Through gain and loss of function experiments, investigators have the opportunity to investigate the role of specific gene products in biological processes. However, the pseudostratified epithelium presents significant barriers to the delivery of nucleic acid based reagents such as plasmids (17, 65), double-stranded oligonucleotides (9, 23, 36, 50), and single-stranded oligonucleotides (9, 23). It is evident that physical barriers, airway secretions, and host defense mechanisms (9, 17, 23, 49, 62) significantly hinder the delivery and efficacy of the siRNA reagents. The mucosal surface of the airways and the alveoli elicits immunogenic responses to RNA interference (RNAi) oligonucleotides that confound results (13, 31, 35, 45, 54), and some animal studies attempting to deliver siRNAs to the respiratory tract have reported little efficacy (23).

In a previous study, we reported that primary pig and human airway epithelia grown at the ALI develop barriers for the entry of dicer-substrate siRNA (DsiRNA) into cells by 5 days postseeding, thus prevent silencing of cellular targets (36). This presents a significant impediment to the use of polarized, pseudostratified primary airway epithelia as a model system. Although viral vectors offer one approach to overcome such limitations, we focus here on synthetic nucleic acid delivery. In some experimental settings delivery of oligonucleotide reagents is desirable, straightforward (RNAi reagents are introduced directly into the cytoplasm) and may avoid cellular responses to virus components.

Here we outline an efficient and readily applied technique to deliver oligonucleotide reagents to primary epithelia to achieve loss of gene function that persists into polarized, pseudostratified epithelia. This simple approach uses a technique termed reverse transfection, in which the reagent complexes are added to cells at the time of seeding. This method has wide applications for in vitro studies of epithelial cell function in cells from humans and animal models.

MATERIALS AND METHODS

Introduction of RNAi oligonucleotides into airway epithelial cells to mediate potent gene specific silencing.

The following protocol, briefly summarized in Fig. 2, was developed to transfect double-stranded oligonucleotides (siRNAs, DsiRNA, microRNA mimics), and single-stranded oligonucleotides (anti-microRNAs, antisense oligonucleotides) into human and pig primary airway epithelial cells. The protocol utilizes reverse transfection. In contrast to standard transfection, in which transfection complexes are added to preplated cells, reverse transfection is performed by adding the cells and the transfection complexes into the wells essentially at the same time. We have successfully used this protocol in difficult-to-transfect cell lines including CFBE41o cells (37, 53), Calu-3 cells (51, 53), and T84 cells. Although not formally tested, we expect this approach to be applicable also to mouse epithelial cells and other difficult-to-transfect primary cells and cell lines. Two popular sizes of permeable supports for growing epithelial cells at the ALI have surface areas of 0.33 and 0.6 cm2. Owing to their size differences, we present two methods (methods 1 and 2, Fig. 2) that have been standardized by us to account for increased cell density and transfection volume. We also present methods (Fig. 2) validated for two separate transfection reagents (methods 1 and 2: Lipofectamine RNAiMAX; method 3: Transductin) (16), providing investigators with several options to adapt this protocol to their cell types of interest.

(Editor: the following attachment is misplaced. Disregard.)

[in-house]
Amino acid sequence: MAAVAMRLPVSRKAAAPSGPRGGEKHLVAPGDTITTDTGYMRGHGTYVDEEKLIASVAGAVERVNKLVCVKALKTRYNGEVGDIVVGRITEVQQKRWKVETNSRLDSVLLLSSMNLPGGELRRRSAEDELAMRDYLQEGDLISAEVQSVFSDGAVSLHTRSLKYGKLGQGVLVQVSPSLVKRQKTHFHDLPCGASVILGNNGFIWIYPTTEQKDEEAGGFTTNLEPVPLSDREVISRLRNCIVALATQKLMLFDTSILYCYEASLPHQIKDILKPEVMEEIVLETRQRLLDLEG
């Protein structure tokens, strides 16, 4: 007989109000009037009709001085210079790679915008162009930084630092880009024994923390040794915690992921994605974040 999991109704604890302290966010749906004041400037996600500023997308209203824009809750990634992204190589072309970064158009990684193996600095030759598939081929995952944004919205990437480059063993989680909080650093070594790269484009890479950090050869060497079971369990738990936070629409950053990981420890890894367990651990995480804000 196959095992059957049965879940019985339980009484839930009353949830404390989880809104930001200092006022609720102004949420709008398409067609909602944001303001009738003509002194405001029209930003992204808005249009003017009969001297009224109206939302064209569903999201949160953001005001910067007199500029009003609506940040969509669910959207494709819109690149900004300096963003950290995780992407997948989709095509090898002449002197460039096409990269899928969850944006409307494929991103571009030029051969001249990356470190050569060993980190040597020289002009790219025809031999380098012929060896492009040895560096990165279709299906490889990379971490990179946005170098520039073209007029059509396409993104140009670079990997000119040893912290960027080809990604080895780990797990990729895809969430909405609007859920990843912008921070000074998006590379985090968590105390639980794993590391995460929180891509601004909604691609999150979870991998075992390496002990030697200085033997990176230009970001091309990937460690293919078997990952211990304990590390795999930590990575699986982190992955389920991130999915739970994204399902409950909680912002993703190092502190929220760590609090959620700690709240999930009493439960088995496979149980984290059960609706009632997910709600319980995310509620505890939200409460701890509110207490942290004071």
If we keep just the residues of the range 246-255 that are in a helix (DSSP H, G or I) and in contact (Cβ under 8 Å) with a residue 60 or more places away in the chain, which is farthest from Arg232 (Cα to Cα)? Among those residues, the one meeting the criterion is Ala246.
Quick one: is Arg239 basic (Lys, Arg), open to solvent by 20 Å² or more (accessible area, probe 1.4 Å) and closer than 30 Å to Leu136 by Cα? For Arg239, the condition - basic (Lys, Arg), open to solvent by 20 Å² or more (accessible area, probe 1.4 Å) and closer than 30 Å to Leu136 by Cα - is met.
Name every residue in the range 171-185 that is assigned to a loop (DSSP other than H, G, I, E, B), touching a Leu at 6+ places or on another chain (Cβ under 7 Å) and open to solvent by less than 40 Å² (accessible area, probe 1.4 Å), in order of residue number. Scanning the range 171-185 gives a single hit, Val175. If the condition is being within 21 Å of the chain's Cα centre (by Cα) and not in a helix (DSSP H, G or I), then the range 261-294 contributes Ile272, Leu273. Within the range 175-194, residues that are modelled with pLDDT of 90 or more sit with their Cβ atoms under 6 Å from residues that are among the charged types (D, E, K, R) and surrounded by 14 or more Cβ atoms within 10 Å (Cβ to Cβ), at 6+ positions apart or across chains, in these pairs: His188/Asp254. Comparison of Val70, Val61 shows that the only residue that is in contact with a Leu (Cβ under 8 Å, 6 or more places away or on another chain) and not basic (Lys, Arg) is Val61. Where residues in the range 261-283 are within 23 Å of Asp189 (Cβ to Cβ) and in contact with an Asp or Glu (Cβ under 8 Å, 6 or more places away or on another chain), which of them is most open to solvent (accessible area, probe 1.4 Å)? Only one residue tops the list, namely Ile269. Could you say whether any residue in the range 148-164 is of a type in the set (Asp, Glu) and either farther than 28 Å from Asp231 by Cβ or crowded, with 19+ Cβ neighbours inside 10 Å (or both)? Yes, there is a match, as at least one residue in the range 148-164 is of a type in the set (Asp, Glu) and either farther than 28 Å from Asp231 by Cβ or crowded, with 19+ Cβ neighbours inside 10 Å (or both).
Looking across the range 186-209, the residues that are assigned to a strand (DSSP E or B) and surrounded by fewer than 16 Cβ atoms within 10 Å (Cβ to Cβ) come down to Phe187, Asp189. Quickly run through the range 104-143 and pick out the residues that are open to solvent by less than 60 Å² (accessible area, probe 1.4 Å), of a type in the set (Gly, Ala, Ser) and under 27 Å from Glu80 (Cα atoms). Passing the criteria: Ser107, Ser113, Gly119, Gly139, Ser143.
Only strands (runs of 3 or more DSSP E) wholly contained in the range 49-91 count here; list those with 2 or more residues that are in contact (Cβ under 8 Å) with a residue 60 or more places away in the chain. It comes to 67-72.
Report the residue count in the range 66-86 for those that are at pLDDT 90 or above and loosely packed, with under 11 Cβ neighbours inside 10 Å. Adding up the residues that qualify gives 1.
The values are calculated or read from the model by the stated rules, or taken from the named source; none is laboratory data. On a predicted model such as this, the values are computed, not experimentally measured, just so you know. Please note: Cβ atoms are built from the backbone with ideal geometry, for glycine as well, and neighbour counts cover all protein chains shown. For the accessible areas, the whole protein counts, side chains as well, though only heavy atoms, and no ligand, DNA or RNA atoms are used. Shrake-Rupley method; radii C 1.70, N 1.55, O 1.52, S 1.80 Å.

Fig. 2.

Schematic highlighting the protocol steps required to transfect primary airway epithelial cells with oligonucleotides.

Before transfection, we prepare the precoated inserts by adding 100 μl of collagen (human placental collagen Type VI, Sigma-Aldrich) to the apical surface of Transwell permeable supports (0.33-cm2 0.4-μm polyester membrane, Costar product no. 3470, Corning, Corning, NY). For larger Millicell cell culture inserts (0.6-cm2, 3.0 μm polycarbonate, Millipore polycarbonate filters, Millipore, Bedford, MA), we add 250 μl of collagen (human placental collagen Type VI, Sigma-Aldrich) to the apical surface (33). We then incubate the cultures for a minimum of 4 h at 37°C or store at room temperature until needed. Transfections can also be performed in the wells of 96- and 48-well plates with or without collagen coating. Collagen coating is not necessary for harvesting RNA or protein posttransfection. To prepare for transfection, cells growing on plastic are dissociated with 0.25% trypsin (Life Technologies) and washed with transfection media twice to remove antibiotics. Alternatively, airway epithelial cells from native tissue (trachea and bronchus) can be dissociated by pronase enzyme digestion (33).

Method 1: For 0.33-cm2 inserts or wells in a 96-well plate, wash cells twice in transfection media and resuspend at a density of 150,000 cells per 150 μl of transfection media. Transfection medium is prepared by using DMEM/F-12 medium supplemented with 10% FBS. Method 2: For 0.6-cm2 inserts or wells in a 48-well plate, wash cells twice in Opti-MEM (Life Technologies) and resuspend at a density of 300,000 cells per 100 μl of Opti-MEM. Method 3: When using the transfection reagent Transductin (16) for 0.6-cm2 inserts or wells in a 48-well plate, wash cells twice with serum-free MEM (Sigma-Aldrich) and resuspend at a density of 300,000 cells per 96 μl of serum-free MEM. To prepare inserts or wells in 96- or 48-well plates for transfection, aspirate collagen solution using a glass pipette and rinse each insert and/or well thoroughly using sterile PBS(−/−) (Life Technologies).